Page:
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Molecular biomarkers for transplant medicine—AI-driven insights predict organ transplant success

Revolutionizing transplant medicine—AI-driven insights predict organ transplant success
The PROMAD atlas: a comprehensive map of allograft dysfunction. Credit: Nature Medicine (2024). DOI: 10.1038/s41591-024-03030-6

In a study published in Nature Medicine, an interdisciplinary team of researchers from The Westmead Institute for Medical Research (WIMR) and the Sydney Precision Data Science Centre at the University of Sydney have, for the first time, identified molecular biomarkers for transplant rejection that are common to all the major transplanted organs: hearts, lungs, livers, and kidneys.

This significant advancement led by Harry Robertson, a Ph.D. student at the University of Sydney, and aspiring bioinformatician at WIMR, uses machine learning to predict outcomes with unprecedented accuracy.

Mr. Robertson said, "Our research indicates that there are underlying molecular pathways involved in organ rejection that are consistent across different solid organs. This discovery is pivotal as it allows us to develop strategies to enhance the success rates of all transplants."

Working together, the team created the Pan-organ ResOurce for Molecular Allograft Dysfunction (PROMAD), a molecular atlas consisting of more than 12,000 patient samples from around the globe. This atlas will enable researchers to interact with data on transplants that was previously inaccessible to many researchers, and encourage global collaboration.

Mr. Robertson added, "This atlas has led to the development of a proof of principle for a universal blood test that can predict the likelihood of before it occurs, potentially setting a new standard in precision medicine and improving outcomes for transplant recipients worldwide."

Professor Natasha Rogers, Deputy Director of WIMR's Centre for Transplant and Renal Research, and a senior author on the study, highlighted the practical applications of the findings. He said, "We are now testing a in the lab that could soon allow doctors to predict and prevent organ rejection. More than that, our findings lay the groundwork for applying these strategies to other forms of transplantation and even other diseases."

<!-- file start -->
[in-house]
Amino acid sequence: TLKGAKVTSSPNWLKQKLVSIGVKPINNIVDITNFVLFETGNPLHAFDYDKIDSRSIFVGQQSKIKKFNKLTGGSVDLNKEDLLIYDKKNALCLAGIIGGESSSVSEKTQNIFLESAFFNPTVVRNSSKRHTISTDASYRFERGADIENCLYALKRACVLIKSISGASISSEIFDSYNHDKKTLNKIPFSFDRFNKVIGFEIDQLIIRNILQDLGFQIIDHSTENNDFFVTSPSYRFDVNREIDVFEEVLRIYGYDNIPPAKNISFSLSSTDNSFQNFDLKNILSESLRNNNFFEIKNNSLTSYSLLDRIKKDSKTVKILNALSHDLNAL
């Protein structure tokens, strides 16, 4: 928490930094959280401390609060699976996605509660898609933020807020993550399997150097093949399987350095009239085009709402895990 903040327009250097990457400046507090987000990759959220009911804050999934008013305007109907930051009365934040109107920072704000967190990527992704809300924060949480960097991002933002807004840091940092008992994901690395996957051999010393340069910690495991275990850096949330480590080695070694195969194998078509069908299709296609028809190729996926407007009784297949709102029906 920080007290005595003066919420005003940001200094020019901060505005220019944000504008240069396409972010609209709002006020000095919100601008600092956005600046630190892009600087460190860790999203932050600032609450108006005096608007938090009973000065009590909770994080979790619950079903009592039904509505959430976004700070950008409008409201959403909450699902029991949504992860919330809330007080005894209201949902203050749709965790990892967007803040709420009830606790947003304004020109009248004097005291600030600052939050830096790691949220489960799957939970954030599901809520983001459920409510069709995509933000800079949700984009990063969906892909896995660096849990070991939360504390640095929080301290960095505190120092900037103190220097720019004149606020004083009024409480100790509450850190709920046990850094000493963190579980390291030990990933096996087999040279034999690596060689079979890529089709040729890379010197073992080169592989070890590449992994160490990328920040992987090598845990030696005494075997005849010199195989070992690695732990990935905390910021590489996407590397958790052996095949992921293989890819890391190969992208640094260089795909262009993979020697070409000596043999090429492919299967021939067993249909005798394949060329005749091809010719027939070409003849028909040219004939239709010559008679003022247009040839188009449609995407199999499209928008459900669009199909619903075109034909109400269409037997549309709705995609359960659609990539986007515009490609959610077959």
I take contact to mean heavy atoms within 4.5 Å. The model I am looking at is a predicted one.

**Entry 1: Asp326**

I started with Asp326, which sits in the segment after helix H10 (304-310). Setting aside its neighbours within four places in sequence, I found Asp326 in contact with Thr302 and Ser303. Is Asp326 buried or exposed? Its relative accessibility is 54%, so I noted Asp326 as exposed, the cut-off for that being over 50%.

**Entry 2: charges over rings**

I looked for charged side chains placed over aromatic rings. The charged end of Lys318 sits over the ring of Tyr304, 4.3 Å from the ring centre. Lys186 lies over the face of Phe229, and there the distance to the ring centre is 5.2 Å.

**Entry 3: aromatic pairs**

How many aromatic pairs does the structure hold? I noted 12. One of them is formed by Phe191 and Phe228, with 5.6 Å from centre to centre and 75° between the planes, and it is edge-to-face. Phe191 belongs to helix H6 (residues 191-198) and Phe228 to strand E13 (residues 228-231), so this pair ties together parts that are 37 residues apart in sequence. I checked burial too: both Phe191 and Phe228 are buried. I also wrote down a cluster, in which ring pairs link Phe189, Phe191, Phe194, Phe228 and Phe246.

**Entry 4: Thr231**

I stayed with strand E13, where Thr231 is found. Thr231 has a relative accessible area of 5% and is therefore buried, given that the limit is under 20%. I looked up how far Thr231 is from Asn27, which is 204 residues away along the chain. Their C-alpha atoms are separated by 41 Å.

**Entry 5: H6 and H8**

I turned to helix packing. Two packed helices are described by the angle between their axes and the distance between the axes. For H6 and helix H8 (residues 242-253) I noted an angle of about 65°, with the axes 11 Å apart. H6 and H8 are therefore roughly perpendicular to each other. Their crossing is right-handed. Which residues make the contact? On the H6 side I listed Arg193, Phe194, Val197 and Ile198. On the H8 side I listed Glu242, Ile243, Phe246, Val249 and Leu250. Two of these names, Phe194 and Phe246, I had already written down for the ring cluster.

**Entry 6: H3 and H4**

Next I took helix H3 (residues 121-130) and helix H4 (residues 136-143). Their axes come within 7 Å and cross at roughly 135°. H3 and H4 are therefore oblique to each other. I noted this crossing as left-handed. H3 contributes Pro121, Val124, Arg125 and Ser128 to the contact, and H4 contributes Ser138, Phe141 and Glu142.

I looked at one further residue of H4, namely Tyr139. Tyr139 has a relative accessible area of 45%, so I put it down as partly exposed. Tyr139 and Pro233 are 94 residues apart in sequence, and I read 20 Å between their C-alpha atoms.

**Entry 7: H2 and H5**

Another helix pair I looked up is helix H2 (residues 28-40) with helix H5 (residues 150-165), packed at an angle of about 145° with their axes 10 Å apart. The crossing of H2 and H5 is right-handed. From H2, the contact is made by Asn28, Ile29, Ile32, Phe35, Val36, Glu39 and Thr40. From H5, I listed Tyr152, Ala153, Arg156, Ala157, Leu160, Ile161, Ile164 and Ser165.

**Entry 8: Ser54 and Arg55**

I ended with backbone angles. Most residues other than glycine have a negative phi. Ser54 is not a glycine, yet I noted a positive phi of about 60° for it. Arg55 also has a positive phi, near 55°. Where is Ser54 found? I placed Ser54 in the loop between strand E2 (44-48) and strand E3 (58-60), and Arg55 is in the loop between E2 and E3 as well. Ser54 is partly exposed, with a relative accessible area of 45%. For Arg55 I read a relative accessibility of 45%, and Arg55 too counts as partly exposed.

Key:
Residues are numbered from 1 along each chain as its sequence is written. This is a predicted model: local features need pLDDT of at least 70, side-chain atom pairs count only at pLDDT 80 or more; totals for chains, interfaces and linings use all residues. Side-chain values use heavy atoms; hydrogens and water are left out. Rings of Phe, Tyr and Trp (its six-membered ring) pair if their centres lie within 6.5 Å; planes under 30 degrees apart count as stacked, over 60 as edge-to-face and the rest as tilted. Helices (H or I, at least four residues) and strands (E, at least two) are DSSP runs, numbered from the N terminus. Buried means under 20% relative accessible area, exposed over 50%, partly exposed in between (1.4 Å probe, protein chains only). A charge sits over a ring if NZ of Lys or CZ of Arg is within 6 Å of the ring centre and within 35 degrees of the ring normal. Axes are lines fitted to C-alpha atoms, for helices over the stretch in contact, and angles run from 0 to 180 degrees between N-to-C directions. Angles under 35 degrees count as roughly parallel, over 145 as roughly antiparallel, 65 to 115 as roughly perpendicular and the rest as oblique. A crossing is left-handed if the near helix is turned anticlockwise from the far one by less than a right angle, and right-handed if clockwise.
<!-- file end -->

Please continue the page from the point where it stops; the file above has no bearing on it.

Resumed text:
Associate Professor Ellis Patrick, a senior author and bioinformatician at both WIMR and the Sydney Precision Data Science Centre, emphasized the future potential of this research. He said, "I have seen early career researchers becoming increasingly confident in analyzing big data sets. By helping these researchers get access to data, I am confident that we'll be seeing a wave of new research that will enrich our understanding of organ transplantation."

The promising results from this study are not just a testament to the collaborative effort of the international research community, but also a beacon of hope for millions waiting for life-saving transplants.

"This study is a perfect example of how can significantly impact clinical practices by integrating global data to benefit individual patients," Professor Rogers added.

The next phase of the research will focus on extending these findings to other types of transplants and continuing to refine the predictive models used in the study.

More information: Harry Robertson et al, Decoding the hallmarks of allograft dysfunction with a comprehensive pan-organ transcriptomic atlas, Nature Medicine (2024). DOI: 10.1038/s41591-024-03030-6

Journal information: Nature Medicine
Provided by Westmead Institute for Medical Research
Citation: Molecular biomarkers for transplant medicine—AI-driven insights predict organ transplant success (2024, June 18) retrieved 14 July 2024 from https://medicalxpress.com/news/2024-06-molecular-biomarkers-transplant-medicine-ai.html
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